Teaching History Through Art
Teaching History Through Art covers ancient history through the Renaissance. Because a culture's art gives insights into their society, ample illustrations, lively and informative text, and related activities teach us about civilizations through the ages. For example, one activity is on Vase Painting, with information related to the Archaic period from about the late seventh century B.C. to 480 B.C. Two photographs of Grecian vases are displayed, with corresponding art activities. One is to make a vase with a picture on it, starting with self-hardening clay. Directions are included for coil building a vase. Another idea is given for painting on a coffee can, to experience painting on a curved surface. Directions for surface preparation and completion are included. Another page relates the story of the Bayeux Tapestry, along with a scene from the artwork. The corresponding art activity is to produce a three-foot mural relating another famous battle in history, using oil or chalk pastels. Still another page tells about the navigator and explorer Captain Cook. After a brief but interesting biographical sketch, students are given directions to build their own ship in a bottle. Renaissance topics, along with wonderful art activities, include: Leonardo da Vinci, Michelangelo, Brunelleschi, Galileo, Gutenberg, Drer, Mercator, Boticelli, Raphael, Shakespeare, Clothing and Armor in the Renaissance, St. Peter's Basilica, Peter Paul Rubens, Painting in the Renaissance, Triptych, and Illuminated Manuscripts. Each gives you well-researched and interesting background information, along with a correlated art activity. This book would be easy to incorporate into any history study, particularly the literature-based programs from Greenleaf Press, Beautiful Feet, or Hillside Academy.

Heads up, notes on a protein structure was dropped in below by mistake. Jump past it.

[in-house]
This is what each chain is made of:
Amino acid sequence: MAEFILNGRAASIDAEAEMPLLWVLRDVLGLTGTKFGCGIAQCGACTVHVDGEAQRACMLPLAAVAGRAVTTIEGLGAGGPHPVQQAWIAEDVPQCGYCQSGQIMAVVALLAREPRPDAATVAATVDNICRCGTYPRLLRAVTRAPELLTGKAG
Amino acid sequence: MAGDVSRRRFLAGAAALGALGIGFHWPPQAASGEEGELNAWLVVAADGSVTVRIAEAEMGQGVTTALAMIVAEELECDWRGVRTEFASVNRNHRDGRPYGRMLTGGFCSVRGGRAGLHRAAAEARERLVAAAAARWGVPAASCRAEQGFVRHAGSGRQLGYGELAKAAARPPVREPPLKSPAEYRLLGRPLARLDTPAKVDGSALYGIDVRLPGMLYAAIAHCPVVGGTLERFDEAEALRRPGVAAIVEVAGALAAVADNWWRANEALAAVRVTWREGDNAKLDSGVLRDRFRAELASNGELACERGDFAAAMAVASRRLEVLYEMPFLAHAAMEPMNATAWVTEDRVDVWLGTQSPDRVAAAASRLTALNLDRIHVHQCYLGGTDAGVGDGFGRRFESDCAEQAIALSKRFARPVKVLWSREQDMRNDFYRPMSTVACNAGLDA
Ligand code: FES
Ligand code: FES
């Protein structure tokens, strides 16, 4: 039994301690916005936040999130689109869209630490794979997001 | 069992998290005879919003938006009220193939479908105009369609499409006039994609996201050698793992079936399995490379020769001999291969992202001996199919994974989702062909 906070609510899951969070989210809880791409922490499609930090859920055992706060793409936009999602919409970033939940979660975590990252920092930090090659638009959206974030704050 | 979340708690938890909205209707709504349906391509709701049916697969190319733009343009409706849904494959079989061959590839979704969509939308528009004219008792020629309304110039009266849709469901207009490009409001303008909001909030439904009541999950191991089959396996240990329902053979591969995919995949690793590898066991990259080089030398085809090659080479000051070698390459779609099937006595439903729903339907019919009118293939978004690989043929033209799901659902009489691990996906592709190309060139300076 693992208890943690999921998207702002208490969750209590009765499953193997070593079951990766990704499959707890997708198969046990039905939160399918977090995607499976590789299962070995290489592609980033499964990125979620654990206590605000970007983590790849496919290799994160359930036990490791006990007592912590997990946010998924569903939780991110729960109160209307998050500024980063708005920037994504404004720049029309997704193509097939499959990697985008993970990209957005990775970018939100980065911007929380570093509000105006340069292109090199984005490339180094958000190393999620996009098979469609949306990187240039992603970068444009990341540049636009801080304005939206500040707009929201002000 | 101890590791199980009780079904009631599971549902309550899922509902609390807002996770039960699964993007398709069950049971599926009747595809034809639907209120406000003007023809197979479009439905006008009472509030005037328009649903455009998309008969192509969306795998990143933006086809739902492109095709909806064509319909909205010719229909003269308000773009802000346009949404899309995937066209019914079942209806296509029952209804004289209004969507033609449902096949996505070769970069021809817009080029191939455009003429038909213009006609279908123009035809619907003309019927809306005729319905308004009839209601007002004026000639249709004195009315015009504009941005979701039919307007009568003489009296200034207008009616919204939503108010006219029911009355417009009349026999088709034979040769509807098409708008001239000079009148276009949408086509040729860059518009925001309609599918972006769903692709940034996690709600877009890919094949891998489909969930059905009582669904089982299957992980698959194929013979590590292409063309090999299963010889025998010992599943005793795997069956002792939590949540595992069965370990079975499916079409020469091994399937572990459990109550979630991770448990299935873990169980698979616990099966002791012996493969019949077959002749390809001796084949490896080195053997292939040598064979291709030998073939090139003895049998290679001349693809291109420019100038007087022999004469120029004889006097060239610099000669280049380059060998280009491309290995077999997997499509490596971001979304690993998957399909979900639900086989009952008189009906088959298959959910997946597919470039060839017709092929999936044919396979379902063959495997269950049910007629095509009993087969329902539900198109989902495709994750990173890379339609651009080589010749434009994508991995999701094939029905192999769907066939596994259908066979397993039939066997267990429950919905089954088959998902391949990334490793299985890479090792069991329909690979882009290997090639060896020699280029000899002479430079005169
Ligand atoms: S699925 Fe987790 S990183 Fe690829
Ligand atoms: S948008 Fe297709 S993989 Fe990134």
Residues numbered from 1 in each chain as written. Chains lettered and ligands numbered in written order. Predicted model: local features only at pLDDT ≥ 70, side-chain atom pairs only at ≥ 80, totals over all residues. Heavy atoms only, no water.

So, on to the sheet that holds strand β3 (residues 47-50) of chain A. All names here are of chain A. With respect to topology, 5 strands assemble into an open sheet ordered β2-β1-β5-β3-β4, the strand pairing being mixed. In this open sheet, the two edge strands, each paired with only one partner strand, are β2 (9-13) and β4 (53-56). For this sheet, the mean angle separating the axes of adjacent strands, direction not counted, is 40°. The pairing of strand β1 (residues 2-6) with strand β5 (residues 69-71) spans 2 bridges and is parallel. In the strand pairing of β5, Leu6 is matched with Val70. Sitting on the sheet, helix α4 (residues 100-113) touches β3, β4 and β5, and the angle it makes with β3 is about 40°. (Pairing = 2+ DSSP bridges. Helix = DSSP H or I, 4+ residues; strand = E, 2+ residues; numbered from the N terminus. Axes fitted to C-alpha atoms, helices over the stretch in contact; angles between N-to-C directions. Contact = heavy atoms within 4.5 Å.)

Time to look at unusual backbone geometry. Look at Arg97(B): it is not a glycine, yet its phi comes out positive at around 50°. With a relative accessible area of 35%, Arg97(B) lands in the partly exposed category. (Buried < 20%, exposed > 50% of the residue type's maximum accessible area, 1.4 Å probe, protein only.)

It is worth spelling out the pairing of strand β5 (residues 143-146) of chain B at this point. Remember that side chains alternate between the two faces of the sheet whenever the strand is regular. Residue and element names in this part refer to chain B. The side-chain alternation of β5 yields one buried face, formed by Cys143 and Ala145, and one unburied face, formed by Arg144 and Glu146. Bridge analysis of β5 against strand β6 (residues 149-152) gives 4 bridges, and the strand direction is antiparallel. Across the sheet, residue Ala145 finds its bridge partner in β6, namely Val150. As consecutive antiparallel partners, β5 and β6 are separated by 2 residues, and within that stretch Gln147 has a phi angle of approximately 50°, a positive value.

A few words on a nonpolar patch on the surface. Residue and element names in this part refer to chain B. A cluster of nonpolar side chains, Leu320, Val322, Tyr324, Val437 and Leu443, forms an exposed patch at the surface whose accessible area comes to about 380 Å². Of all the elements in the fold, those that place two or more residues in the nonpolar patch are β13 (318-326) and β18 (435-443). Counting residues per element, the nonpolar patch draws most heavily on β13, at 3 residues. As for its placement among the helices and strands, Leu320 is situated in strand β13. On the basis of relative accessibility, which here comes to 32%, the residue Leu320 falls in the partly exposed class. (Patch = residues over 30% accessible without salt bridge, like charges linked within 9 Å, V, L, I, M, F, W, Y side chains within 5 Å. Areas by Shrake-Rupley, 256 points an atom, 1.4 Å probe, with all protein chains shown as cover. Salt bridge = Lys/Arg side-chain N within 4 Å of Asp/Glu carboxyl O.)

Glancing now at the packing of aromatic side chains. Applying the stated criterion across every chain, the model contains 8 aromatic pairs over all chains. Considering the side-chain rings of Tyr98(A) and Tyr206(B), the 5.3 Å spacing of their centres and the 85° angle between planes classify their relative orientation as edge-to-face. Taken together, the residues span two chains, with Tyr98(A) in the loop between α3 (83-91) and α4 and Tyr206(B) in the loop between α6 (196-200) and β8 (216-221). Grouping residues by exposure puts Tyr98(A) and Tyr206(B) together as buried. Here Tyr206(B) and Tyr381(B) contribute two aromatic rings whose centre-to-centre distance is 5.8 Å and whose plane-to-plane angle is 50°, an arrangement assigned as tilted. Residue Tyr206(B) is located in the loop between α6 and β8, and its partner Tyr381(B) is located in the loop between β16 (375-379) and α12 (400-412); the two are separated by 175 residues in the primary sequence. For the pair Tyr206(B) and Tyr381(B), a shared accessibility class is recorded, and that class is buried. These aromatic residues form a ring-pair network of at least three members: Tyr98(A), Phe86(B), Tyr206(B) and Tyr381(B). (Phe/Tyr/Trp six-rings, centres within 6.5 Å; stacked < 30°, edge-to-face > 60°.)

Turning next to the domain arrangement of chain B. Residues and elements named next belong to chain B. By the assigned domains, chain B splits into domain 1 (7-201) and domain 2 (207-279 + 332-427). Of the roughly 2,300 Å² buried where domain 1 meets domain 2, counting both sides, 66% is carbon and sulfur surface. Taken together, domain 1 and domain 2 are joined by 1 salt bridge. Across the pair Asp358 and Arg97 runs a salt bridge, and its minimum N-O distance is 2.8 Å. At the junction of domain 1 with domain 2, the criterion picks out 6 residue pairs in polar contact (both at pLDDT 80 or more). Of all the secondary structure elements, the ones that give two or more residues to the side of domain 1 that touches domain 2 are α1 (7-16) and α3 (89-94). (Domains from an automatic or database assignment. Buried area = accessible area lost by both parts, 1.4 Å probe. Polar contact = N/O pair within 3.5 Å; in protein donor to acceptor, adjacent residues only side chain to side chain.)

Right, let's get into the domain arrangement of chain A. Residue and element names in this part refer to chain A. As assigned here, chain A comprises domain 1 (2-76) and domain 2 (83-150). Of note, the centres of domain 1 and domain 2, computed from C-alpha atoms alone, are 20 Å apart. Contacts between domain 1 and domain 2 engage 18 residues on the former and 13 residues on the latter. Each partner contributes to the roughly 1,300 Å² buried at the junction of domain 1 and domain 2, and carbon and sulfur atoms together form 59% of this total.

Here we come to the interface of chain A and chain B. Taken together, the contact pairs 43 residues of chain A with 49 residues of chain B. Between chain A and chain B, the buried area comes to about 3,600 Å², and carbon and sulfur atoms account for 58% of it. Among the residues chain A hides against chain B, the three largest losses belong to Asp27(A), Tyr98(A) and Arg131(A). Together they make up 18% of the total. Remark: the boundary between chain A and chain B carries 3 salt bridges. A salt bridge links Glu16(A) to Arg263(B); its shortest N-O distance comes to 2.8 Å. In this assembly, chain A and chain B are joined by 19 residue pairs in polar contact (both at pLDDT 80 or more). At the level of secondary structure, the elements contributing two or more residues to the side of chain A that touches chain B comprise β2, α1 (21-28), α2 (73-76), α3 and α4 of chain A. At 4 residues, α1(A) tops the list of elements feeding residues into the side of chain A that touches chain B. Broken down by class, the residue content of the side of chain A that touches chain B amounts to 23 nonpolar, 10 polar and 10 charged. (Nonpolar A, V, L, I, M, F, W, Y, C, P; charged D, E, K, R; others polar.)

I’ve had some experience with meet the masters as an art curriculum and this was much more comprehensive with biographies of the artists and art projects you can do with each artist’s style (which you can easily change with grade level). I’d get that one instead of this.